Take this footage to the police and your insurance company as further documented proof. Use the footage to determine where the security weaknesses are in your home so that you can begin to figure out where you need to increase safety measures to prevent any future occurrences.

7. Take care of the kids and fur babies

Many parents find that it’s best to have their children stay with friends or relatives until their home has been put back in order. While this isn't always possible, it’s a good idea.

The wreckage some burglars create is unimaginable and your children (regardless of their age) will be overcome with emotion when they find their “safe place” has been ruined by a stranger.

Believe it or not, pets also react to a burglary. You may find Fido hiding in a corner or insisting on jumping into your bed. Everyone in your family will need extra TLC after a burglary, including you.

8. Clean up all signs of the break-in

Image: RODNAE Productions, Pexels

Putting your home back in order will help you start to regain your sense of control, and is the first step to enjoying life as you once knew it. Ask friends and family to help, because the task will be an emotional one, especially if your home was ransacked.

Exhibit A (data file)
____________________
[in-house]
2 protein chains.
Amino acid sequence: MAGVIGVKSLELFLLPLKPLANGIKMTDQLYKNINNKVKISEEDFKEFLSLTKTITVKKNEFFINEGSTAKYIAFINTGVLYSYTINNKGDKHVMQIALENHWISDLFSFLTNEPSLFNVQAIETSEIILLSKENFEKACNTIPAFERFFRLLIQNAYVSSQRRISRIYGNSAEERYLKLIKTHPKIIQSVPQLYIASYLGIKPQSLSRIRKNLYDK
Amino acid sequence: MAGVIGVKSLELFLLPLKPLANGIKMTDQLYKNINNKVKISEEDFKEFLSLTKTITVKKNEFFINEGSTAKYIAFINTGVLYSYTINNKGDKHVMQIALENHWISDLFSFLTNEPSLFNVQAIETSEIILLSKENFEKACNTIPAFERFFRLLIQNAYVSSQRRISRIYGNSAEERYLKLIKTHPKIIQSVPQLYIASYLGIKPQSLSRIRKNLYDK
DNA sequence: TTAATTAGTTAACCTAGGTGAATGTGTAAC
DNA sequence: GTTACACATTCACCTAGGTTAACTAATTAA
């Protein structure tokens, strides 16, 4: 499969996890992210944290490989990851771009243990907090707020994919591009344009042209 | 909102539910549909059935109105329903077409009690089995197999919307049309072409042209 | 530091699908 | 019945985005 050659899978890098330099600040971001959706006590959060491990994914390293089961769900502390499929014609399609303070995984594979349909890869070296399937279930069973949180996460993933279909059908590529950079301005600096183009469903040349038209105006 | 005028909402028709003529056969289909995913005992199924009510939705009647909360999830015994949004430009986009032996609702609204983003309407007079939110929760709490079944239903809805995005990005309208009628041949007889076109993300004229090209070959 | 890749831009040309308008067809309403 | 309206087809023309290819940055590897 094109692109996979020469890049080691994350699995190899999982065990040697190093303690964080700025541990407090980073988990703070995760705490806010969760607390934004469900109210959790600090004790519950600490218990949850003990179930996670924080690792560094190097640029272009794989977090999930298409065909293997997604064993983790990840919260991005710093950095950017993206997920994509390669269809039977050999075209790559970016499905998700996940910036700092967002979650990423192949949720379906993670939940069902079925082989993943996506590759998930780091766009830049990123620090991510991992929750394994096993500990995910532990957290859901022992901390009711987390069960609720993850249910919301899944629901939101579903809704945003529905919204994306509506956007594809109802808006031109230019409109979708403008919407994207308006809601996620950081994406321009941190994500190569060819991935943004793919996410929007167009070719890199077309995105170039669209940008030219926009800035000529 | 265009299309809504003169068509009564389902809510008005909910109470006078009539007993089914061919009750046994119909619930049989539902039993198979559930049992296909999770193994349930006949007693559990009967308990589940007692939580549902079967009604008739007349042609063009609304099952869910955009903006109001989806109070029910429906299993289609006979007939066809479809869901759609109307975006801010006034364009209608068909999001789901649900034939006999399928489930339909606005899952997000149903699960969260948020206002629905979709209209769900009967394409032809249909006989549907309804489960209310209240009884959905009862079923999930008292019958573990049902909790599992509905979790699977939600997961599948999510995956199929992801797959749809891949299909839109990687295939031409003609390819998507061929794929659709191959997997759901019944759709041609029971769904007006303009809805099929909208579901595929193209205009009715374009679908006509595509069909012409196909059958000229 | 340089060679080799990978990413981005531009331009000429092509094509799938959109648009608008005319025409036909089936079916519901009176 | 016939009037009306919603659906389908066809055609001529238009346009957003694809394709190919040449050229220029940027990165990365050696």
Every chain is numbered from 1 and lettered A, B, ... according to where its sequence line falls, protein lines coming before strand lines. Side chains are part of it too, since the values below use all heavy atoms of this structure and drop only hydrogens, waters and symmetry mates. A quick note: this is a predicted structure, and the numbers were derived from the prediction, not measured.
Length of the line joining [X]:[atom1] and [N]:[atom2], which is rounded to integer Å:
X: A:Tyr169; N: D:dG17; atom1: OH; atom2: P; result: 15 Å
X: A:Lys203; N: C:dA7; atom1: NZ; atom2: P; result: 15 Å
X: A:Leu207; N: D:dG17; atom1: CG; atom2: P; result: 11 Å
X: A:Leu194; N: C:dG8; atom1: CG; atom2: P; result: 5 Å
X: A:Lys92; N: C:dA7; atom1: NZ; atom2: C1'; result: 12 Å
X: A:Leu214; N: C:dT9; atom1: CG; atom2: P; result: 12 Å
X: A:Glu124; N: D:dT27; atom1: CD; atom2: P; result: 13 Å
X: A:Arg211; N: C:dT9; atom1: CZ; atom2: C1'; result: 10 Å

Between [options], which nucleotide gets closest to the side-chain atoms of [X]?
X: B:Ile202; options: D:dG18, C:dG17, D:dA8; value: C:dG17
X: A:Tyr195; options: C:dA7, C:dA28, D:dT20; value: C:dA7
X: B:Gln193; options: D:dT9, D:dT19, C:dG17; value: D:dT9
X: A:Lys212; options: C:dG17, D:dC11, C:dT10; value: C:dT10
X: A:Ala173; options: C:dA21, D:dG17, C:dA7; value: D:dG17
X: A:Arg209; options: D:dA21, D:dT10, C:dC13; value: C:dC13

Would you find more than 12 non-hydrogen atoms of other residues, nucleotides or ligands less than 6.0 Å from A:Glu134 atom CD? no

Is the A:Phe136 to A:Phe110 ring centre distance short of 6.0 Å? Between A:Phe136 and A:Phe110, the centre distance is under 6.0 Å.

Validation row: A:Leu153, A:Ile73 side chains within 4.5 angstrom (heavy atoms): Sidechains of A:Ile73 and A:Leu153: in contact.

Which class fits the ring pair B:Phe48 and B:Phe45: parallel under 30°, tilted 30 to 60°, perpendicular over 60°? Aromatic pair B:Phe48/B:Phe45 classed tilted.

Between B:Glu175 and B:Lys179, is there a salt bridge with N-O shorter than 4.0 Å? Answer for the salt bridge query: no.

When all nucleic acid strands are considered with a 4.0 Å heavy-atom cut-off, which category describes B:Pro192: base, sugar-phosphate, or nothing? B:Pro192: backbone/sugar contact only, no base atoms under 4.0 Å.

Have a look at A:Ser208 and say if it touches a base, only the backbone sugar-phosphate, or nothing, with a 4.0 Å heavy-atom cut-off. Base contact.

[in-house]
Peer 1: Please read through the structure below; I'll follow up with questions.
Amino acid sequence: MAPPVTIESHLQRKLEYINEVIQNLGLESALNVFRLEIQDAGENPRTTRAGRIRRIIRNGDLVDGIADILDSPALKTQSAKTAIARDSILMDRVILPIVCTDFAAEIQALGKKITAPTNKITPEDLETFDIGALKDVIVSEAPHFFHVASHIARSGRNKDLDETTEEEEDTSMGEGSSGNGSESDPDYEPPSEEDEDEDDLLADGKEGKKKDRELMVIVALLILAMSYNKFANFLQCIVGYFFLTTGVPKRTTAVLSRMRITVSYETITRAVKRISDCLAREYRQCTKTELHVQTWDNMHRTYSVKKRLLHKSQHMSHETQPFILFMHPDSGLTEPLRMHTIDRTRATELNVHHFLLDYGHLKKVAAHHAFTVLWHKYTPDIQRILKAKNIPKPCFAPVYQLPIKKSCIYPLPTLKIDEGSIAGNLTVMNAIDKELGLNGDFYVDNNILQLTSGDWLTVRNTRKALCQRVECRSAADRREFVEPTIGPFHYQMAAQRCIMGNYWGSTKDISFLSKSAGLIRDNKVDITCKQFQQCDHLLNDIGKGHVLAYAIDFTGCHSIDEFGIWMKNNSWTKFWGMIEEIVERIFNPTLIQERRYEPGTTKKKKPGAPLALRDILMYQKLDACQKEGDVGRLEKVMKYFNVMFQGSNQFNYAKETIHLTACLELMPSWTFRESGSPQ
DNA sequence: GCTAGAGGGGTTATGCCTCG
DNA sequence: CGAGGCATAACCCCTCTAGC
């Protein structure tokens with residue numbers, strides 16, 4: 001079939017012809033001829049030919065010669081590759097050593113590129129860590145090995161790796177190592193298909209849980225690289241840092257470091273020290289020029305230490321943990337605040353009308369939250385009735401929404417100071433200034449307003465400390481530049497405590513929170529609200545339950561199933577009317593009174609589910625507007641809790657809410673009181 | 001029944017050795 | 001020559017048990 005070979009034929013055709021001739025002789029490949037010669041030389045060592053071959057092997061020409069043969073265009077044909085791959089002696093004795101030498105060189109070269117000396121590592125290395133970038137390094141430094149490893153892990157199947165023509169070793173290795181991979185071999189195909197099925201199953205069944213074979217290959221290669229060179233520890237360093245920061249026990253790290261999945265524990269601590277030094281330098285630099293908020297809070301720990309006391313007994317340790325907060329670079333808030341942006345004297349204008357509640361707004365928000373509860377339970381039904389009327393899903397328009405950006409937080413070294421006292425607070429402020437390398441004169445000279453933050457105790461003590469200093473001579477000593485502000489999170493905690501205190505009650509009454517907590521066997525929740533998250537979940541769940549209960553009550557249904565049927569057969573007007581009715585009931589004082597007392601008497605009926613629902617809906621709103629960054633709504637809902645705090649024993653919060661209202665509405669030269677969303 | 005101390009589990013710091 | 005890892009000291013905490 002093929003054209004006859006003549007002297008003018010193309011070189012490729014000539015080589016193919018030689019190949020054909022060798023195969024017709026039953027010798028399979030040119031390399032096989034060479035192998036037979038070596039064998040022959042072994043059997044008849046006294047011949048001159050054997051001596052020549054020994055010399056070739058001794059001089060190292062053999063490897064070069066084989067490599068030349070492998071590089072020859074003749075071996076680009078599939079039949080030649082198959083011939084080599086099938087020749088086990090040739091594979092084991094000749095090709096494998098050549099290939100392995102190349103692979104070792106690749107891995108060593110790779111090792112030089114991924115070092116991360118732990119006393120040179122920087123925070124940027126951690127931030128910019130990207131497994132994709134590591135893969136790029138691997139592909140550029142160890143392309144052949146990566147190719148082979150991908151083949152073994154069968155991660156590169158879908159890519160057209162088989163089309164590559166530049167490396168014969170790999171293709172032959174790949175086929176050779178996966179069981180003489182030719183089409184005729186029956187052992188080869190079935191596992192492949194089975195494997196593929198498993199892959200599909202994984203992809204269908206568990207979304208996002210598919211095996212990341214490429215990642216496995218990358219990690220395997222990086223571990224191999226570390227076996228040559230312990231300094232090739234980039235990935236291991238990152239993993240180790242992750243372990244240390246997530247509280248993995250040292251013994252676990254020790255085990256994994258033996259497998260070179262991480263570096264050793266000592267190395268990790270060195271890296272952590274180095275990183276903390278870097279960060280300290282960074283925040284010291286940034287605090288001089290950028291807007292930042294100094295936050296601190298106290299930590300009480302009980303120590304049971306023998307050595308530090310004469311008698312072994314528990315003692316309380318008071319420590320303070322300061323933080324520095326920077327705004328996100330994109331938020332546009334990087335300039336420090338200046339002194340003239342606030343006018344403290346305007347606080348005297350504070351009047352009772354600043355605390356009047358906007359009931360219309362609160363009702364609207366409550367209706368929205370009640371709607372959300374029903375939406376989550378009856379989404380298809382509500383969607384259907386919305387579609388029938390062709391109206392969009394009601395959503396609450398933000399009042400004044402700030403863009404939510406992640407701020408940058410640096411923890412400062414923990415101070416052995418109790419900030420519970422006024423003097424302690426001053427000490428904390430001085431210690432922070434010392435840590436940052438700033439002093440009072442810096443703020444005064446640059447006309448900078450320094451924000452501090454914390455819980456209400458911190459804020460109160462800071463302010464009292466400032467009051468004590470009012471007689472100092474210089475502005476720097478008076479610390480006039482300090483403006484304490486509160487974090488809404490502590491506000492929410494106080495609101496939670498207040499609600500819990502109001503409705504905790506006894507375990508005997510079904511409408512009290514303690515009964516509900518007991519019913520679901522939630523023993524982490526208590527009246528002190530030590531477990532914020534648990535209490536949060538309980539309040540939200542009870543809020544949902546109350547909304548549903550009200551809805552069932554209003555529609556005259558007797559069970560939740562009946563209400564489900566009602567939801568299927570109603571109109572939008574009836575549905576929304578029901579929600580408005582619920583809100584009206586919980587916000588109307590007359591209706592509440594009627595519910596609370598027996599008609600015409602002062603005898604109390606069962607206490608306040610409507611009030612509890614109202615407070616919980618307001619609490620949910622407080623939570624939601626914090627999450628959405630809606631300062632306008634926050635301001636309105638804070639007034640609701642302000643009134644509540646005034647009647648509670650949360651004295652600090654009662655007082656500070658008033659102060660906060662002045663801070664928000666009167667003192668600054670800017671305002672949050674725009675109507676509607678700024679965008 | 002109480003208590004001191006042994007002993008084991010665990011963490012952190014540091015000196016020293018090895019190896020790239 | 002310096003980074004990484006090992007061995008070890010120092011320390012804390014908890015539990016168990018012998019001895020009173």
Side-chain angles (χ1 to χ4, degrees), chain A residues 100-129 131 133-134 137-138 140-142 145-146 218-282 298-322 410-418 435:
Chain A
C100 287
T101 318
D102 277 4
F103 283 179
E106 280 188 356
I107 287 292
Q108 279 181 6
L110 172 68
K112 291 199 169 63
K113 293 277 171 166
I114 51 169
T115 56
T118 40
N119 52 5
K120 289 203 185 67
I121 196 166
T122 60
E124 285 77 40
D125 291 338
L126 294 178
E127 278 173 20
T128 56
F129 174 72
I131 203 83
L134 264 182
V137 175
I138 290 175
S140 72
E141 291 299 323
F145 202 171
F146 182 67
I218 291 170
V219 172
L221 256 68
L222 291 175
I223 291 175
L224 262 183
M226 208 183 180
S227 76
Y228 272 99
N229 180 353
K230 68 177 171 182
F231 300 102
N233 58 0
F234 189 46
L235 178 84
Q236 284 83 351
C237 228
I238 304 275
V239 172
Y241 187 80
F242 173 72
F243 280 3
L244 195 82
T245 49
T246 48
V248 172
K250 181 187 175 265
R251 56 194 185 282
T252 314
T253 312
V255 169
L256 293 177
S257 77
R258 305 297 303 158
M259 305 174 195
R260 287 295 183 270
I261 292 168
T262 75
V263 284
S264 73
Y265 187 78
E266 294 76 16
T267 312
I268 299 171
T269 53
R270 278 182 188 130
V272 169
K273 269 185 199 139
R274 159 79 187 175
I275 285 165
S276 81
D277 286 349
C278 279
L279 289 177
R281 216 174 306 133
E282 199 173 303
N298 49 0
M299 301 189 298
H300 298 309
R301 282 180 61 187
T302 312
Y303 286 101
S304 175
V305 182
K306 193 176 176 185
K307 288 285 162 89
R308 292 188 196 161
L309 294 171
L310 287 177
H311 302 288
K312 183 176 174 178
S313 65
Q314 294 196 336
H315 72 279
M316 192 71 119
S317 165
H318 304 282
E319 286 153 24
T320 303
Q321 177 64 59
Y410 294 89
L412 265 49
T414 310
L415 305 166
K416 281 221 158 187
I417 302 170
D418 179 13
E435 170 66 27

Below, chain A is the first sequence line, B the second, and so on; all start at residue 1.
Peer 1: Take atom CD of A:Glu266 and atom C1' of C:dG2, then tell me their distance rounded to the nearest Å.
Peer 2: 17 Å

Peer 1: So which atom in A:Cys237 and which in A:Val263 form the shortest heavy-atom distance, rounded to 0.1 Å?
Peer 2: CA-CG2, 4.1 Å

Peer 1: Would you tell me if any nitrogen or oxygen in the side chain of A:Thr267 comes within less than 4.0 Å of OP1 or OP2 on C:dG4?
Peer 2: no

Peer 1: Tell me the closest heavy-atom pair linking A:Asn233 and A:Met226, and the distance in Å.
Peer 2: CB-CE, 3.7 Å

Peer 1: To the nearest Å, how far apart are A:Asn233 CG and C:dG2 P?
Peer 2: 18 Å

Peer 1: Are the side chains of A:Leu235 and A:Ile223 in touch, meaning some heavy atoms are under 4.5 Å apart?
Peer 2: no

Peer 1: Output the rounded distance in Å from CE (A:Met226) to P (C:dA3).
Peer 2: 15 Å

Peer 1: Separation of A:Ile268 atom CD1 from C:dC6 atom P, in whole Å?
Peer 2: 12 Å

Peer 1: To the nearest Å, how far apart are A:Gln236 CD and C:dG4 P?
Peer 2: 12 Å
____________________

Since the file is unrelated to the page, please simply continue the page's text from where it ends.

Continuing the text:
Remember, if you come by an item that’s not yours, report it to police. It could be an item that helps police catch the burglar, or connect them to another crime.

9. Take preventative action

Nothing you do will 100% guarantee your home (and your family’s) security, but a few things can help reduce the chance you’ll suffer another burglary. You must be proactive and educate yourself on your home security options.

There's a security system for every budget, from the ultra-affordable Wyze Home Monitoring to the legendary ADT. Check out our top ten favorite home security systems to find what's best for you.

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Here are some more ideas:

Get a professional security survey

Don’t hesitate to ask a law enforcement official to come to your home and conduct a security survey, too. Most agencies are glad to send an officer to your home, and it won’t cost you a cent.

While the police officer is there, it’s a good time to pick their brain on other ways you can protect your family’s safe haven and inquire about crime in your neighborhood.